If Nichols sadly ignored the long-term implications of white-only suburbs for the American metropolis, he did have a clear vision for lasting suburban design, as shown in the Handbook’s most important theme: the “neighborhood unit.” As Jason Brody has recently shown, the neighbor- hood unit is one of those unifying concepts that stretches back to the Garden City movement at the beginning of the 20th century and goes for- ward to new urbanism at its end. Clarence Perry’s landmark 1929 volume for the Regional Association of New York is usually considered the origin of the neighborhood unit idea. Perry argued that suburbs should be built as walkable, functional, and sociable communities that would provide a human-scale counterpoint to the inhuman scale of the metropolis.
Nichols and his colleagues were attracted to the neighborhood-unit concept because it operationalized their goals of long-term, profitable, and stable development. As they realized, when people bought lots or houses, their real aim was to buy into a neighborhood, a face-to-face community where they would feel at home, where their children would find a good school within walking distance, and where parents would find parks, shopping, and, above all, good neighbors. Through its detailed guidance, the Handbook sought to provide the design guidelines for developing true neighborhoods.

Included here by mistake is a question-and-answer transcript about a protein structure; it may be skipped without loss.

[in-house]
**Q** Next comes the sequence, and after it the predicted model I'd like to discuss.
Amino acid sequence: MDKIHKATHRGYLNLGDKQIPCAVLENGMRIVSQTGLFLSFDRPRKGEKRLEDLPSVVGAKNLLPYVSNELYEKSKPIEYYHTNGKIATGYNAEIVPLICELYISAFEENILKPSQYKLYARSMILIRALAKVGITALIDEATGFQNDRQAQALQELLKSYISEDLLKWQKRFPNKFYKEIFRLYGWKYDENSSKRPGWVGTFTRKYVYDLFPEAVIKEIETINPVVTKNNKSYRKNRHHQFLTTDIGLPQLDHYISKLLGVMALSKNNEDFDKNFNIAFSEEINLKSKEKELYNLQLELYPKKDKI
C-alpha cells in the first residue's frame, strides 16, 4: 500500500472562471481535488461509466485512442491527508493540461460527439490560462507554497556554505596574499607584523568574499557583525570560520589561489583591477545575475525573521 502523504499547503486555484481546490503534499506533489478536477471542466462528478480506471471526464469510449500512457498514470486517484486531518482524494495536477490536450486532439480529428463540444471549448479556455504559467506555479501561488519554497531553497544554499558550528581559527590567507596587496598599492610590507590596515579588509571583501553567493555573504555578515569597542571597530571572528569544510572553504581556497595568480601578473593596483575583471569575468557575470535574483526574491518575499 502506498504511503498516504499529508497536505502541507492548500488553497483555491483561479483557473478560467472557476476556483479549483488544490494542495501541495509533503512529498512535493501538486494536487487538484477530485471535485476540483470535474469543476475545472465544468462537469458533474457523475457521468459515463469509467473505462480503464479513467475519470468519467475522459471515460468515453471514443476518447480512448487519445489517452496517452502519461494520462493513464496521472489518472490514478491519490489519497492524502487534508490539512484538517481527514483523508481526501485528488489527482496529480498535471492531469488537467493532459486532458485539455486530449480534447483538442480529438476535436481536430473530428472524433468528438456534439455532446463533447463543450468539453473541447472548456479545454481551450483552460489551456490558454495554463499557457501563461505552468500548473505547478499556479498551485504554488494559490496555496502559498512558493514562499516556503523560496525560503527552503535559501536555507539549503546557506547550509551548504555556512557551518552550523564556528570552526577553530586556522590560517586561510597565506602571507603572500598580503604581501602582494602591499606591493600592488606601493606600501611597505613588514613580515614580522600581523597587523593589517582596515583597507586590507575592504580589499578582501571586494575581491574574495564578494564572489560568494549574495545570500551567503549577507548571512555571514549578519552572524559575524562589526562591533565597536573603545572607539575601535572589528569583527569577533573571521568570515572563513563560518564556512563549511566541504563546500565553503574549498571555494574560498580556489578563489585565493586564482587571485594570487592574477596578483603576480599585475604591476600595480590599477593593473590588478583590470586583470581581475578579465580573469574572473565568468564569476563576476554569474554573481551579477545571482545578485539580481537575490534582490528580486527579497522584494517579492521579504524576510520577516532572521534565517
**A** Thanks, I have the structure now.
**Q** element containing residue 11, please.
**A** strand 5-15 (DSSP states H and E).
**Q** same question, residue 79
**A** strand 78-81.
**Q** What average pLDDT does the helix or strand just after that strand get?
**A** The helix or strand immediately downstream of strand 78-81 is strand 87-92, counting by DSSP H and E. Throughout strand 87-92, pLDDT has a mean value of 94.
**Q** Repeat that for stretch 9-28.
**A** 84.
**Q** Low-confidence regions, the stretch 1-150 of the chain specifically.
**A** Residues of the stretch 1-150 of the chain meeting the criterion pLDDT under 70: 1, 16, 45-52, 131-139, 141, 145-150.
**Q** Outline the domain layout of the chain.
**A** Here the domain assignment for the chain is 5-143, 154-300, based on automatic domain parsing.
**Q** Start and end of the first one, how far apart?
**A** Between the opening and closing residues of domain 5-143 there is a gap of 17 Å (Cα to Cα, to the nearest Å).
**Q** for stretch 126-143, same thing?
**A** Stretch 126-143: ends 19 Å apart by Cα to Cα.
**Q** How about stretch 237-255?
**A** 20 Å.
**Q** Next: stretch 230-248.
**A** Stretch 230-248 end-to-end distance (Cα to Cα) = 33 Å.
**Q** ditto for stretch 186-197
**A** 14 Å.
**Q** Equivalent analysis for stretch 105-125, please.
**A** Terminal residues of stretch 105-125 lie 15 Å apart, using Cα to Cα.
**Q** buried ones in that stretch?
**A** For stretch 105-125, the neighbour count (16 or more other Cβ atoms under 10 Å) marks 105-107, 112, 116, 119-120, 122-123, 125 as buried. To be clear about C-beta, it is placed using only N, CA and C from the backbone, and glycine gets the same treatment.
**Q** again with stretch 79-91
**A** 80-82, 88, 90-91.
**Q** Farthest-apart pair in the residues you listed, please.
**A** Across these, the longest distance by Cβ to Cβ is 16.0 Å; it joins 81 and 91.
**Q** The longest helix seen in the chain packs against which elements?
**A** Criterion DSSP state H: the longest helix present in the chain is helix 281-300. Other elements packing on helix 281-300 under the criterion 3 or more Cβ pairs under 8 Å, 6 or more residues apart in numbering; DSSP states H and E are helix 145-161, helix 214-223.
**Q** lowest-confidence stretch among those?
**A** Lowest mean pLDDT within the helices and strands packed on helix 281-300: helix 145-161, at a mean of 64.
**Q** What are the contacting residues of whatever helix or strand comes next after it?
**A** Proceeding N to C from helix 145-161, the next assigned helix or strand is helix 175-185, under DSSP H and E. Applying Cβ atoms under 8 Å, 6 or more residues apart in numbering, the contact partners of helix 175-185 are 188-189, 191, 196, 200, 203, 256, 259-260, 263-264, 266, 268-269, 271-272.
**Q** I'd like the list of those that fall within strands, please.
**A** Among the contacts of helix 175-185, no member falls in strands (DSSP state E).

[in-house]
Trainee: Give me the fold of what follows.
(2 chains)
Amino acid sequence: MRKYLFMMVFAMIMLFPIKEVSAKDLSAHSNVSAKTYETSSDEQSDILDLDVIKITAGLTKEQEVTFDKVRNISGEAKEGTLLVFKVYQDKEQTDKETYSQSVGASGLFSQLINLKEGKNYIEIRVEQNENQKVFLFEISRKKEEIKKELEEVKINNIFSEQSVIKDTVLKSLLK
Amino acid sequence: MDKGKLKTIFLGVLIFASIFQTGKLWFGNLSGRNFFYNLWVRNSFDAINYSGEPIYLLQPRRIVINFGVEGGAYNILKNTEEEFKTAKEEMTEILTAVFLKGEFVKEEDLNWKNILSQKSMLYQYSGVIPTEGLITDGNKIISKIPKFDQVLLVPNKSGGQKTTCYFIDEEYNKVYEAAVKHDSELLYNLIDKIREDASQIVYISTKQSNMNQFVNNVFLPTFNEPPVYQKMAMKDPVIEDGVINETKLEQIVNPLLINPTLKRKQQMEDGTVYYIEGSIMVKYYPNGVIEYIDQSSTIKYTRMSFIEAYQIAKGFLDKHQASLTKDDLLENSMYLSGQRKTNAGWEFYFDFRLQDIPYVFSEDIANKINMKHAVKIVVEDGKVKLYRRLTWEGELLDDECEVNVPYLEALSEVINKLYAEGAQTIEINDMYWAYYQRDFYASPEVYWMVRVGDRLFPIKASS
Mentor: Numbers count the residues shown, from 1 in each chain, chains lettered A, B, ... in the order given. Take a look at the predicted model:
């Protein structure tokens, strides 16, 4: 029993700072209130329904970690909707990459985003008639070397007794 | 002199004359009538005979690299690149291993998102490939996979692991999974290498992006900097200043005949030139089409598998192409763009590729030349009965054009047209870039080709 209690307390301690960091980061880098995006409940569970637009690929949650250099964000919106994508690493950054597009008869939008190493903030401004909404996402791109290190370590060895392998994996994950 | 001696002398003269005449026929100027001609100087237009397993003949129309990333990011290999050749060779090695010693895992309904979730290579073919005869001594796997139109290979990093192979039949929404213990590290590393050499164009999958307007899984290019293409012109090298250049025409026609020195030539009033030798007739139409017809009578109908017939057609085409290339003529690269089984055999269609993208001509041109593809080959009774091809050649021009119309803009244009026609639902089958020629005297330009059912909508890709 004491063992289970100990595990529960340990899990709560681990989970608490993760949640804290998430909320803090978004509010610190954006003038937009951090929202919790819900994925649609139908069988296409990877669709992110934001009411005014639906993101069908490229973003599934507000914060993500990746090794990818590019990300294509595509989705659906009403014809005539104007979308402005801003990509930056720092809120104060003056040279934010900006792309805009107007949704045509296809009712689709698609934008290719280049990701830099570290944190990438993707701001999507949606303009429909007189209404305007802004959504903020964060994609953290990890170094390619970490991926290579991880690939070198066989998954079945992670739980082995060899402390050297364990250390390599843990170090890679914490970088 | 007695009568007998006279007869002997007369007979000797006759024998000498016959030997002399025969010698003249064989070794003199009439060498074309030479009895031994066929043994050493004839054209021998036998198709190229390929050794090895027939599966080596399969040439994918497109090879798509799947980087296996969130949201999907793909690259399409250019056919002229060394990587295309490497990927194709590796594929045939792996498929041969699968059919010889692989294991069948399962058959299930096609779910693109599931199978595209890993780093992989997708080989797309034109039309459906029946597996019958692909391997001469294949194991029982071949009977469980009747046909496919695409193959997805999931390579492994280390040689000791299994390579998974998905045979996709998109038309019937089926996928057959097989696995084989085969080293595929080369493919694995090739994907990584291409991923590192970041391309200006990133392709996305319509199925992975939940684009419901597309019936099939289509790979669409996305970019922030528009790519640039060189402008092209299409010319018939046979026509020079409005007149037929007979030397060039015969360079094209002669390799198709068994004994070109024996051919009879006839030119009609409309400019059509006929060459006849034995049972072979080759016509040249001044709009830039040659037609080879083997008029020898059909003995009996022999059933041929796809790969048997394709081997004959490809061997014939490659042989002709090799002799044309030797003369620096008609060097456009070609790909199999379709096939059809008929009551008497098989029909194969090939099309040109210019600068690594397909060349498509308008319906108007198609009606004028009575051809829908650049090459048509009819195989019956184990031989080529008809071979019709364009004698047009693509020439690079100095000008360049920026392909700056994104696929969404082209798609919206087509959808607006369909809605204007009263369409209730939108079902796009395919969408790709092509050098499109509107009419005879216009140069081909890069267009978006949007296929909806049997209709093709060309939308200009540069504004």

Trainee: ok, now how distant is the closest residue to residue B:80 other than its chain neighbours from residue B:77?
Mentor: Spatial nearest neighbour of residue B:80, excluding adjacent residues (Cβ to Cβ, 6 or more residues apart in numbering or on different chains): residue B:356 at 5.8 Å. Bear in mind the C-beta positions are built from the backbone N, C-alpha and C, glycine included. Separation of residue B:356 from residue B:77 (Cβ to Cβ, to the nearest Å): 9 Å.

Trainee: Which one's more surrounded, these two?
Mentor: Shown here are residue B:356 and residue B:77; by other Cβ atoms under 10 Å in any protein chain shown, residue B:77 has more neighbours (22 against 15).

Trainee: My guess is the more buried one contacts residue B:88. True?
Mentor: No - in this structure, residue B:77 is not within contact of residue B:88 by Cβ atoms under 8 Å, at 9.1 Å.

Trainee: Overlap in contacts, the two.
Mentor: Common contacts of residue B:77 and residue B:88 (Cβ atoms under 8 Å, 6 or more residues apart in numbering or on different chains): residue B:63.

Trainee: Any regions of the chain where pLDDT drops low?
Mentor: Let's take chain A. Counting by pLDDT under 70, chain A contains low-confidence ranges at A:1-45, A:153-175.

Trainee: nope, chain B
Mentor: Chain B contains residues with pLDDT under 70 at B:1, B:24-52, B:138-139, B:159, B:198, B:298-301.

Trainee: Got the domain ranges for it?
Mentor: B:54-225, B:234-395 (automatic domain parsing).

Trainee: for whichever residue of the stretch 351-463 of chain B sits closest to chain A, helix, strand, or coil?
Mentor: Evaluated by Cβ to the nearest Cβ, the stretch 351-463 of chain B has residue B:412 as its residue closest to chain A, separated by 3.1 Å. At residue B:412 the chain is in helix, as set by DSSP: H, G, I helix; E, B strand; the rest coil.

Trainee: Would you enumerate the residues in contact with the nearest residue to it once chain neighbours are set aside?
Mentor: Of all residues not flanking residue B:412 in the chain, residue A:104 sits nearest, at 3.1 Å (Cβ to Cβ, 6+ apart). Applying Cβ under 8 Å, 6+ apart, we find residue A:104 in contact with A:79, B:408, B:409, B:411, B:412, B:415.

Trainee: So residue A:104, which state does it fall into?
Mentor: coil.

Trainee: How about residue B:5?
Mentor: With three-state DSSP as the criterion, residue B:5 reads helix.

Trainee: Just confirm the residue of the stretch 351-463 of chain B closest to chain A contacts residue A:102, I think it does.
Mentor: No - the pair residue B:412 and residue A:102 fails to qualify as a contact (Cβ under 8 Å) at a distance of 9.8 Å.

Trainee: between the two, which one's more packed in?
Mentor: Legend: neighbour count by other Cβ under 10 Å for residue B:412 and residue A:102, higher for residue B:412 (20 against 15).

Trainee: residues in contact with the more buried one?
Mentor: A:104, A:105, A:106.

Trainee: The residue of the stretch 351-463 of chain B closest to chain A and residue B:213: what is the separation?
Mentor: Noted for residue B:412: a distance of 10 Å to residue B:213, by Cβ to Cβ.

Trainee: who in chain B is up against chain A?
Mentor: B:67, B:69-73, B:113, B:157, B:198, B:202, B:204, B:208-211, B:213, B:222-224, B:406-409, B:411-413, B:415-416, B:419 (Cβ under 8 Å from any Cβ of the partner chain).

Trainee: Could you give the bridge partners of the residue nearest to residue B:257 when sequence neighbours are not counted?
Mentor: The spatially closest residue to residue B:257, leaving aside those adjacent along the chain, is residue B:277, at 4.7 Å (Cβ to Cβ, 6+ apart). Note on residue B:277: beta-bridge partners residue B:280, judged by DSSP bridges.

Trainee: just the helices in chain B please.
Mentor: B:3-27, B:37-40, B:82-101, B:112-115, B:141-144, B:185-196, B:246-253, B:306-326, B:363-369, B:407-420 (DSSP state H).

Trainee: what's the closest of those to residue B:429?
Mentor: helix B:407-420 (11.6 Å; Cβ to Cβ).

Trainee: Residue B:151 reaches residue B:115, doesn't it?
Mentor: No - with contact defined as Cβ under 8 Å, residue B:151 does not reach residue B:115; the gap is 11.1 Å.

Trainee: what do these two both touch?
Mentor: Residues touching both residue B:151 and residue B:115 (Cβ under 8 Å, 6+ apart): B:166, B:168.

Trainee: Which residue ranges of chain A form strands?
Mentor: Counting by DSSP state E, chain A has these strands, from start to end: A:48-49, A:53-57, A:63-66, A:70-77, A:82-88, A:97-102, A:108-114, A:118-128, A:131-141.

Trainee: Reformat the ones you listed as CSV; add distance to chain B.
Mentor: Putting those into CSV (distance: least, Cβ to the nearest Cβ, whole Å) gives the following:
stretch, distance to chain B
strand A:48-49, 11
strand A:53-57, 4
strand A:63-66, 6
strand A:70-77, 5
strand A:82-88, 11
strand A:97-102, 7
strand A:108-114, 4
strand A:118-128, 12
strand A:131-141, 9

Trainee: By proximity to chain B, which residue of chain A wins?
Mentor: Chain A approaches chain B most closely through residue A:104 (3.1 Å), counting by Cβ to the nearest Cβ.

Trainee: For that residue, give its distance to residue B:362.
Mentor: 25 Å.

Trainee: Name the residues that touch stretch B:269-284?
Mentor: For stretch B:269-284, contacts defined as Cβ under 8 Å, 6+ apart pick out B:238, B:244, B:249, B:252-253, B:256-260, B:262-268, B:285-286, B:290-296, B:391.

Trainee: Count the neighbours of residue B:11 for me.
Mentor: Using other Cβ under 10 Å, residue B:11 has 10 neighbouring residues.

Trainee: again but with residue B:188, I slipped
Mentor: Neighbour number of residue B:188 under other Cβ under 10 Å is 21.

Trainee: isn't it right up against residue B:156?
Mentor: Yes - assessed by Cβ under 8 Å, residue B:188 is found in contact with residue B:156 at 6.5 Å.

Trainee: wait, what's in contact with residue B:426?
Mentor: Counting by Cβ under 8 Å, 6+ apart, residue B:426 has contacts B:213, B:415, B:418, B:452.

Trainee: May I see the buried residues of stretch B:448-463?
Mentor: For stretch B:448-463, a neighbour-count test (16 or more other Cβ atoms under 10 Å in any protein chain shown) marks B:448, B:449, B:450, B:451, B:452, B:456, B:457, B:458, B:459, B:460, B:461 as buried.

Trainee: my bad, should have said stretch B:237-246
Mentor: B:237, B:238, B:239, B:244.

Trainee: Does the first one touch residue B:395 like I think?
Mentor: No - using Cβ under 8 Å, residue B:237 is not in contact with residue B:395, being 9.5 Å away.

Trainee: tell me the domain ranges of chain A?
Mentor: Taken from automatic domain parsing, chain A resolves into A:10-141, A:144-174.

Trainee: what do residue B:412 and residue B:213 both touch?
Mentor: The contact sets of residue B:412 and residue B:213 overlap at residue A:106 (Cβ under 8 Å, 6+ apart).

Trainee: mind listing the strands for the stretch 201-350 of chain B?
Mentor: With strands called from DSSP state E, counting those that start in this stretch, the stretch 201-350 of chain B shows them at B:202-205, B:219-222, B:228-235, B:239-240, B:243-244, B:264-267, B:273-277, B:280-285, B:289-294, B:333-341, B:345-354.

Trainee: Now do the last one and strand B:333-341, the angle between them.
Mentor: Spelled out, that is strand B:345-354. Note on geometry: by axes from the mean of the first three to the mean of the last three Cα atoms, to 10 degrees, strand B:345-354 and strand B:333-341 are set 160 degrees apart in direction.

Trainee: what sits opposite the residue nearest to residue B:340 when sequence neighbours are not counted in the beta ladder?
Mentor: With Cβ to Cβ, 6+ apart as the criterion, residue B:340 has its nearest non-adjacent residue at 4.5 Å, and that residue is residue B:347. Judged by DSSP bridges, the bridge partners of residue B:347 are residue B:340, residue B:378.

Although hundreds of attempts to define the neighborhood unit have been made, none is more clear or concise than figure 7 (including text) of The Community Builders Handbook.